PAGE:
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United States Department of Agriculture

Agricultural Research Service

Research Project: ECOLOGICALLY-BASED MANAGEMENT OF INSECT PESTS OF CORN, WITH EMPHASIS ON CORN BORERS, ROOTWORMS, AND CUTWORMS

Location: Corn Insects and Crop Genetics Research

Title: Deriving criteria to select arthropod species for laboratory tests to assess the ecological risks from cultivating transgenic crops

Authors
item Romeis, Jorg -
item Raybould, Alan -
item Bigler, Franz -
item Candolfi, Marco -
item Hellmich, Richard
item Huesing, Joseph -
item Shelton, Anthony -

Submitted to: Chemosphere
Publication Type: Peer Reviewed Journal
Publication Acceptance Date: September 10, 2012
Publication Date: October 10, 2012
Citation: Romeis, J., Raybould, A., Bigler, F., Candolfi, M., Hellmich II, R.L., Huesing, J.E., Shelton, A. 2012. Deriving criteria to select arthropod species for laboratory tests to assess the ecological risks from cultivating transgenic crops. Chemosphere. 90(3):901-909.

Interpretive Summary: Many arthropod species are valued because they provide ecosystem services including biological control, pollination, and decomposition, or because they are valued for cultural or economic reasons. At the same time, other arthropods are considered crop pests and sometimes require control with chemical pesticides, biological control agents or, more recently, genetically engineered (GE) crops. A common concern addressed in the ecological risk assessment of pest control methods is their potential to adversely affect non-target arthropods. A key concept of risk assessment is using worst-case exposure conditions in the laboratory. Testing species that are most likely to reveal an adverse effect increases confidence in the assessment. An approach is proposed in this paper for selecting test species for early-laboratory environmental risk assessment of genetically-engineered crops. Species and life-stages should be selected that represent valued non-target arthropods and ecosystem services, are most likely to be sensitive to the arthropod-active compound in the GE plant, and are suitable for testing under laboratory conditions. Our proposed approach focuses on testing relevant surrogate species in order to increase the quality and efficiency of environmental risk assessments for cultivation of genetically-engineered crops. This information is useful to scientists and regulators interested in evaluating potential ecological risks of genetically-engineered crops and ultimately should decrease the time needed to bring new genetically-engineered crops to growers.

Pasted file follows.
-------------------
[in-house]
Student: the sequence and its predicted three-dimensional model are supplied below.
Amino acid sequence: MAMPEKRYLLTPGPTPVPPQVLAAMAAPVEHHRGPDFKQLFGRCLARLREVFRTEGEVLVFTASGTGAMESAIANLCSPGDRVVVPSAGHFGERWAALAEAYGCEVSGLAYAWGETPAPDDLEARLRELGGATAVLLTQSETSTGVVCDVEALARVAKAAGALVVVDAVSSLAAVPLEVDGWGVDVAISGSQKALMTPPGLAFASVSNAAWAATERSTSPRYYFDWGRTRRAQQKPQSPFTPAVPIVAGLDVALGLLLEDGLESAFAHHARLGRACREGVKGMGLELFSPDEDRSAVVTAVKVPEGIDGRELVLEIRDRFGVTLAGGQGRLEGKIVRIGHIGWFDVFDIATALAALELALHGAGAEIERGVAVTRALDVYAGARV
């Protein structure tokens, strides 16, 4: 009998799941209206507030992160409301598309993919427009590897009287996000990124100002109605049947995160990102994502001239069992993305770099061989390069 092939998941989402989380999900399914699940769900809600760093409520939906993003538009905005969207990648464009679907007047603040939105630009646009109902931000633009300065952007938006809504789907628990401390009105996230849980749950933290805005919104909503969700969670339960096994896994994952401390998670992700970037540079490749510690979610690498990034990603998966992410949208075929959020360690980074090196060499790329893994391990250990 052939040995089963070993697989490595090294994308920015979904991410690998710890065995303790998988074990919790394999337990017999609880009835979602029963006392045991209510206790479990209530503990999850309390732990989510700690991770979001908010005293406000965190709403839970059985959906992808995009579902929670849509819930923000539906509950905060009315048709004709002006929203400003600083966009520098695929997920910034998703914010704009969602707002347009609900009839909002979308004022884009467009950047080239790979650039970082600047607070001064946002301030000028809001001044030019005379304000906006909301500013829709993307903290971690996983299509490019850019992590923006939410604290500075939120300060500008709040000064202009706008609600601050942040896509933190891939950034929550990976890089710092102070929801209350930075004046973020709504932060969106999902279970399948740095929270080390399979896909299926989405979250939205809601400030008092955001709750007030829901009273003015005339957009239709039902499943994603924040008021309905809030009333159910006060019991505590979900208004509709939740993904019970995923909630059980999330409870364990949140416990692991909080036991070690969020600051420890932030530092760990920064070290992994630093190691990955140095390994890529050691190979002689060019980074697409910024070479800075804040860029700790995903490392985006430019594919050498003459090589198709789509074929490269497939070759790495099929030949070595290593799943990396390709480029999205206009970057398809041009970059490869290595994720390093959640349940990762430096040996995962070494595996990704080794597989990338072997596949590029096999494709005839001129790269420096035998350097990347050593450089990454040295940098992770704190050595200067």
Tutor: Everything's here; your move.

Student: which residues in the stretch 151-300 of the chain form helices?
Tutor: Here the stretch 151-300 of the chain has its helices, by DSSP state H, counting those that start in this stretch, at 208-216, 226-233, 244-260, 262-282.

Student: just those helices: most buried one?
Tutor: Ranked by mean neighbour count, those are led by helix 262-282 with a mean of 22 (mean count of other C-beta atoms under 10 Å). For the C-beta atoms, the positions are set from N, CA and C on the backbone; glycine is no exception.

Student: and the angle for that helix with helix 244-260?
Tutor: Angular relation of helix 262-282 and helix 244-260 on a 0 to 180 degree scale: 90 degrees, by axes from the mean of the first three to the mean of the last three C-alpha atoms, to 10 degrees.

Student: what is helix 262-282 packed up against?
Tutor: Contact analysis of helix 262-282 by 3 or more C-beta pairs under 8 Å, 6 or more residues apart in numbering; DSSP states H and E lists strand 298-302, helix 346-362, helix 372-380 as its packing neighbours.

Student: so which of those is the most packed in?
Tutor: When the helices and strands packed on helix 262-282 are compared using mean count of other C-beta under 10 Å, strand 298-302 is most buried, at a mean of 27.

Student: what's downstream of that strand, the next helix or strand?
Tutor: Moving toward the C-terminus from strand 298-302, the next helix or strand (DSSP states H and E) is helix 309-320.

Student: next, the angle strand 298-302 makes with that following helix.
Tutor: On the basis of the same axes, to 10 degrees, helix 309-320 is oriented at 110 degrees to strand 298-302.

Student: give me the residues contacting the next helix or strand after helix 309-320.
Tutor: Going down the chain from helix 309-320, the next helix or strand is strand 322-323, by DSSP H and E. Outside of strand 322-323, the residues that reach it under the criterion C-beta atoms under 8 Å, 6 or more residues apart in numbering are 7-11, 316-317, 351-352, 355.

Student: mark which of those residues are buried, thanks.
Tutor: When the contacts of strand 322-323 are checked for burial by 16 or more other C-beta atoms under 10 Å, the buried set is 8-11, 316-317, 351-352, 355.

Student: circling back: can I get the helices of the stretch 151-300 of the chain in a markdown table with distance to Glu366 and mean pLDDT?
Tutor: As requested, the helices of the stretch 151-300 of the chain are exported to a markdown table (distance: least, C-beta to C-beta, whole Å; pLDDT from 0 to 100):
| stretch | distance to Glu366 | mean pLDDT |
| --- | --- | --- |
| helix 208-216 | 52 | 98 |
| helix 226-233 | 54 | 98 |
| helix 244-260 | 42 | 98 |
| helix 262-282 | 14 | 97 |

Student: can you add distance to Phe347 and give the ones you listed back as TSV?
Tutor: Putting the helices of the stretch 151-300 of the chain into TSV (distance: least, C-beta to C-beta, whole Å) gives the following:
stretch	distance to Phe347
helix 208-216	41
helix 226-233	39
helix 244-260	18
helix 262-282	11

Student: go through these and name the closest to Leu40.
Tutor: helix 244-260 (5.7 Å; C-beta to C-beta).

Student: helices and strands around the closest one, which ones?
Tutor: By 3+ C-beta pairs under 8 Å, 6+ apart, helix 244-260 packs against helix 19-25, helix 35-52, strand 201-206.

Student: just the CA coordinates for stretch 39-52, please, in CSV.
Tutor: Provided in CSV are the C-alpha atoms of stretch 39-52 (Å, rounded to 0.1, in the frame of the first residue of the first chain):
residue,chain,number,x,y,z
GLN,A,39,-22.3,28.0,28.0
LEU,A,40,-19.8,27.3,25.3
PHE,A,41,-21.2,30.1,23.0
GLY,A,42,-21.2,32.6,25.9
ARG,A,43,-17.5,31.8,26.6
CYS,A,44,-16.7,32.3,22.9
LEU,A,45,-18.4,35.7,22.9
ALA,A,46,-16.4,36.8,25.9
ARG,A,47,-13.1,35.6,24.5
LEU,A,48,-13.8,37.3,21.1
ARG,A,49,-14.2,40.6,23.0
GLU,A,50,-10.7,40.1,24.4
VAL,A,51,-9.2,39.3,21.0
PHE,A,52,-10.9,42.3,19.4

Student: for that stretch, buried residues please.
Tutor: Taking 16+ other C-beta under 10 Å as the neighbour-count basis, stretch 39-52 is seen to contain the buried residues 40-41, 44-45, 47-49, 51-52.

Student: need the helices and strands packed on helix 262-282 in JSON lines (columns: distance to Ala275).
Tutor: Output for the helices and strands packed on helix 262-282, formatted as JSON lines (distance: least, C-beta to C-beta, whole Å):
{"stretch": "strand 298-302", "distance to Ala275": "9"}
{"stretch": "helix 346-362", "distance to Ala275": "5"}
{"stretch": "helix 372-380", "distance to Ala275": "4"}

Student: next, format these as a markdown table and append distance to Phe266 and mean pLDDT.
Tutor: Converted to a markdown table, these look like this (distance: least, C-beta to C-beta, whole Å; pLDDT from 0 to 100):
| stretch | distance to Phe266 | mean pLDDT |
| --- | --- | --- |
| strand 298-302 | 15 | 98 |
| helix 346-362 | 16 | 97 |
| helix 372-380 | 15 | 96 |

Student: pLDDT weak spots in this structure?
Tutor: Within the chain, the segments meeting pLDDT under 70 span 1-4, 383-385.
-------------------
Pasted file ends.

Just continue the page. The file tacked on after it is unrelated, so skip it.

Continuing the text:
Technical Abstract: Arthropods form a major part of the biodiversity in agricultural landscapes. Many species are valued because they provide ecosystem services, including biological control, pollination, and decomposition, or because they are valued for cultural or economic reasons. Some arthropods reduce crop yield and quality, and conventional chemical pesticides, biological control agents, and genetically engineered (GE) crops are used to control them. A common concern addressed in the ecological risk assessment (ERA) that precedes regulatory approval of these pest control methods is their potential to adversely affect valued non-target arthropods (NTAs). A key concept of ERA is early-tier testing using worst-case exposure conditions in the laboratory. Testing species that are most likely to reveal an adverse effect increases confidence in the ERA. From experience with chemical pesticides and biological control agents, an approach is proposed for selecting test species for early-tier ERA of GE crops. Species and life-stages should be selected that represent valued NTAs and ecosystem services, are most likely to be sensitive to the arthropod-active compound in the GE plant, and that are suitable for testing under laboratory conditions. Our proposed approach focuses on testing relevant surrogate species in order to increase the quality and efficiency of ERAs for cultivation of GE crops.

Last Modified: 11/20/2014
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